Caitlyn Toropova, program coordinator for the Conservancy's Global Marine Team
By Caitlyn Toropova
One way I've made positive environmental changes in my life is to ask where my food comes from. And to keep asking.
What and how you consume has a barrage of effects on multiple environments:
So whether you're in a restaurant or grocery story, just ask: “Where does this food come from?” If your server doesn’t know, have them ask the chef.
I have been doing this for the last five years, and I've never received a negative response; the worst outcome has been that they don’t know. And if they don’t know, I don’t order it.
In fact, there's almost always an alternative food to choose that is more sustainable, local or organic:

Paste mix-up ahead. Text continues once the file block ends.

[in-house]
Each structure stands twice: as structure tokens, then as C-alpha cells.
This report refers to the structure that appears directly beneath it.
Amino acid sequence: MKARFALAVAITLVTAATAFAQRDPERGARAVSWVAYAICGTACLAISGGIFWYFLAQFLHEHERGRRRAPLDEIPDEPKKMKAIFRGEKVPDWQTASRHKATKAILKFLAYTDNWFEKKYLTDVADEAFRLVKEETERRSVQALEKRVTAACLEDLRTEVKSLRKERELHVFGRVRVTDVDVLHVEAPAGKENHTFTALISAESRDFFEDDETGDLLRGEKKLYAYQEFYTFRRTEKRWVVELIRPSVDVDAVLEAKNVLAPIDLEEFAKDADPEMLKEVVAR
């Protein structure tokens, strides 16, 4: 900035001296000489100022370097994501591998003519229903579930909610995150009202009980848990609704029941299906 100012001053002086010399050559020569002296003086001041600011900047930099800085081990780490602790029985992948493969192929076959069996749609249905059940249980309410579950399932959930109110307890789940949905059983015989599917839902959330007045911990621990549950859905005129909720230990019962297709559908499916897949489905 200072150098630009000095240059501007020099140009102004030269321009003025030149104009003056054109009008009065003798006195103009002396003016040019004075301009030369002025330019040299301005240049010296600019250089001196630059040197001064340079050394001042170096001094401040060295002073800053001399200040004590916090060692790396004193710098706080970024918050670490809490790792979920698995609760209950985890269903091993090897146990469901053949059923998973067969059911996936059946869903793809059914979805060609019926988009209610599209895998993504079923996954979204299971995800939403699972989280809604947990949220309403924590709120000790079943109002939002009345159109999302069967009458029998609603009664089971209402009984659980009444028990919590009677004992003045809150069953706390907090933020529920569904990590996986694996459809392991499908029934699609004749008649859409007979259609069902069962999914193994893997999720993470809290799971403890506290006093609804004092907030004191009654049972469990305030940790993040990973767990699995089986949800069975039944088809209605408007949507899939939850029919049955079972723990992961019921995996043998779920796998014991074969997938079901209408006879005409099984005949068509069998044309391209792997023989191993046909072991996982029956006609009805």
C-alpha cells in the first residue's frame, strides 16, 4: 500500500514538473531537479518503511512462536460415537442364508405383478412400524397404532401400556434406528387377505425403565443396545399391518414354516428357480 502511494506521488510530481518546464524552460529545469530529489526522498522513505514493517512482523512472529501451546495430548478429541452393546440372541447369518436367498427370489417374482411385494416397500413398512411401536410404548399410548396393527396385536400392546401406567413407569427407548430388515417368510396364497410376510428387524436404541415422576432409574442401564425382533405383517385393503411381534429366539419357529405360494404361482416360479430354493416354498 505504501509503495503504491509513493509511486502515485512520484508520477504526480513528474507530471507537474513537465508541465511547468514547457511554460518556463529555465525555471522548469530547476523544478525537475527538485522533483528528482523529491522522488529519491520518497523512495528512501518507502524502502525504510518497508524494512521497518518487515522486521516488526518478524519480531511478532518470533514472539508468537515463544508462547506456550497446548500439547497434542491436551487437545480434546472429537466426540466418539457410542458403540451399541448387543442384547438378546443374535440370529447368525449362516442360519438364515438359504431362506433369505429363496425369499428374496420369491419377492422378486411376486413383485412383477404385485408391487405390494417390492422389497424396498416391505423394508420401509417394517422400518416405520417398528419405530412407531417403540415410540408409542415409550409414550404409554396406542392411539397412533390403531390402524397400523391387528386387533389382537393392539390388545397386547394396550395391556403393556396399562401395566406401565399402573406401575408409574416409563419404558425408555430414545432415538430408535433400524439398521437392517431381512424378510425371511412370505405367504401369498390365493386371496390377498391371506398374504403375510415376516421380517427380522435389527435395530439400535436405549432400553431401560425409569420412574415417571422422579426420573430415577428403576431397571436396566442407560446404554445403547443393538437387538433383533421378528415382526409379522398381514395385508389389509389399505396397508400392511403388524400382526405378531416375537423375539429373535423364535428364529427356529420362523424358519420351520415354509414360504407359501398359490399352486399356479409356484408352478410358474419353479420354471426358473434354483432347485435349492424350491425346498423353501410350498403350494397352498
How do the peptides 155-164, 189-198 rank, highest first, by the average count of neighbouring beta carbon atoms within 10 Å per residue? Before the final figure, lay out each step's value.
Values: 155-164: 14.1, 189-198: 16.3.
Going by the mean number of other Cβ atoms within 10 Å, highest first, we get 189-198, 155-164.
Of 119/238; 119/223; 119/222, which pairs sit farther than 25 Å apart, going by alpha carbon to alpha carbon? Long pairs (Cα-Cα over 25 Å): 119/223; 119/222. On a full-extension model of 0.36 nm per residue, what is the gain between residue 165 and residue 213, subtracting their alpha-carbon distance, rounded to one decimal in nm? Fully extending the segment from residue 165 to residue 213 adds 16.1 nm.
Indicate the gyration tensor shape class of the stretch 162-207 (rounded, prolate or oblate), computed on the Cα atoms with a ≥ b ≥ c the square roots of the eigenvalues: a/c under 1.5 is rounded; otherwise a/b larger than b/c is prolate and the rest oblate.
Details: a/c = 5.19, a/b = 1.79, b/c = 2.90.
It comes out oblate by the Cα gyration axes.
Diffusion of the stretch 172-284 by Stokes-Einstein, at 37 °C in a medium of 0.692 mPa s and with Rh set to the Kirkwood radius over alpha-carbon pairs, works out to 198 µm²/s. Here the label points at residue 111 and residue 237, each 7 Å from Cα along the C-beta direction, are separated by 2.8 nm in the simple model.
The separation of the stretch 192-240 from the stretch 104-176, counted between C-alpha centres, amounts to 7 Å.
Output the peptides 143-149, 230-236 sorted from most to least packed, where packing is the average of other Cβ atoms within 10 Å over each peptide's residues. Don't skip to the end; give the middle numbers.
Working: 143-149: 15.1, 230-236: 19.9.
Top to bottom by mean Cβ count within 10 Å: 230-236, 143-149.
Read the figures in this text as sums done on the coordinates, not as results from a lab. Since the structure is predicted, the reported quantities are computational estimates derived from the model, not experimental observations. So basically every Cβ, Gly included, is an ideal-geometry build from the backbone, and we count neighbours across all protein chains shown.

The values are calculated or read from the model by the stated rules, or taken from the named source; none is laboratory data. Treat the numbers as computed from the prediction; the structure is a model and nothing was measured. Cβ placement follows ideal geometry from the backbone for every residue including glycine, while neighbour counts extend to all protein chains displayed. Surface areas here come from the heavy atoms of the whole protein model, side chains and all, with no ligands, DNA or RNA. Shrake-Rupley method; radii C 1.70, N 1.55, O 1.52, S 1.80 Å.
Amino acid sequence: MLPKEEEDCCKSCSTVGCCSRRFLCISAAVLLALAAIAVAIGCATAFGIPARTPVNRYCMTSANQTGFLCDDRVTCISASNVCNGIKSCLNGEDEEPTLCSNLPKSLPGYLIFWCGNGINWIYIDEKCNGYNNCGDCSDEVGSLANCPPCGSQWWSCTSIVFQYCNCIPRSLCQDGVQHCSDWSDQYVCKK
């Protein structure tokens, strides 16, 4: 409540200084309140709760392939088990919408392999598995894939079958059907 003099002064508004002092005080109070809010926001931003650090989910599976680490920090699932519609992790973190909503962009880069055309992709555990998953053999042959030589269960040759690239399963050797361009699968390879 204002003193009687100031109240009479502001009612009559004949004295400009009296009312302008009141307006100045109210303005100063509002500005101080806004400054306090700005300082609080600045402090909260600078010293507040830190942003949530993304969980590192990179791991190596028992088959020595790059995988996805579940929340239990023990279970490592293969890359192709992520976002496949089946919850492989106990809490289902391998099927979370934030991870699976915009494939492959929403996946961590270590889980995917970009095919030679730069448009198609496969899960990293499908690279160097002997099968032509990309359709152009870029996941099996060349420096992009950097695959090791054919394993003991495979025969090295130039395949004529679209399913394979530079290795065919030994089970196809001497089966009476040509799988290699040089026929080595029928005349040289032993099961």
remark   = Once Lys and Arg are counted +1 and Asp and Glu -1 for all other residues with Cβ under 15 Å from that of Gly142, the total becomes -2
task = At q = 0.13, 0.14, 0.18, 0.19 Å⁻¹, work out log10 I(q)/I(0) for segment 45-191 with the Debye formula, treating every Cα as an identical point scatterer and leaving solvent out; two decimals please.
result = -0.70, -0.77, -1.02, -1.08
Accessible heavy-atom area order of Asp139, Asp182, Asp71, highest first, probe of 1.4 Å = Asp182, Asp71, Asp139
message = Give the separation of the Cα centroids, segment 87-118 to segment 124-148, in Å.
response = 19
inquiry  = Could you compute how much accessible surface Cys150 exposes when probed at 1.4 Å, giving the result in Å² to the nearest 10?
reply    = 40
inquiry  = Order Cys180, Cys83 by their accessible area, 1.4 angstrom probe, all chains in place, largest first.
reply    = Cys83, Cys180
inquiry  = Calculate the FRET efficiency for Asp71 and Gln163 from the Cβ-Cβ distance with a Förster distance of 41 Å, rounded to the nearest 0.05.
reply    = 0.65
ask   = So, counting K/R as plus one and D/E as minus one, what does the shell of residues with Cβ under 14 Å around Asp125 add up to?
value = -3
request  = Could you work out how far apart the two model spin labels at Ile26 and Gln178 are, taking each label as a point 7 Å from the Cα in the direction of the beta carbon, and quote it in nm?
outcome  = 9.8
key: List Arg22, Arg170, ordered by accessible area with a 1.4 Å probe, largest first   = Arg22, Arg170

Here's one great example: I discovered that many of the shrimp in the frozen-food aisle and at my favorite restaurants came from shrimp ponds created by tearing down mangrove forests — ponds often quickly polluted and abandoned.
So now I only eat sustainably caught shrimp. If shrimp is imported, especially from developing nations, it’s often caught in an unsustainable method.
Your best bet is to buy shrimp from the U.S. Gulf of Mexico or other well-managed wild species (for example, pink shrimp from Oregon). Having a seafood guide in you purse or wallet helps with this one. Try the Seafood Watch card from the Monterey Bay Aquarium.
And if sustainably caught seafood isn’t available, have the chicken. Local, organic chicken, that is.
The opinions expressed in this article are the author's and do not represent those of The Nature Conservancy.February 21, 2011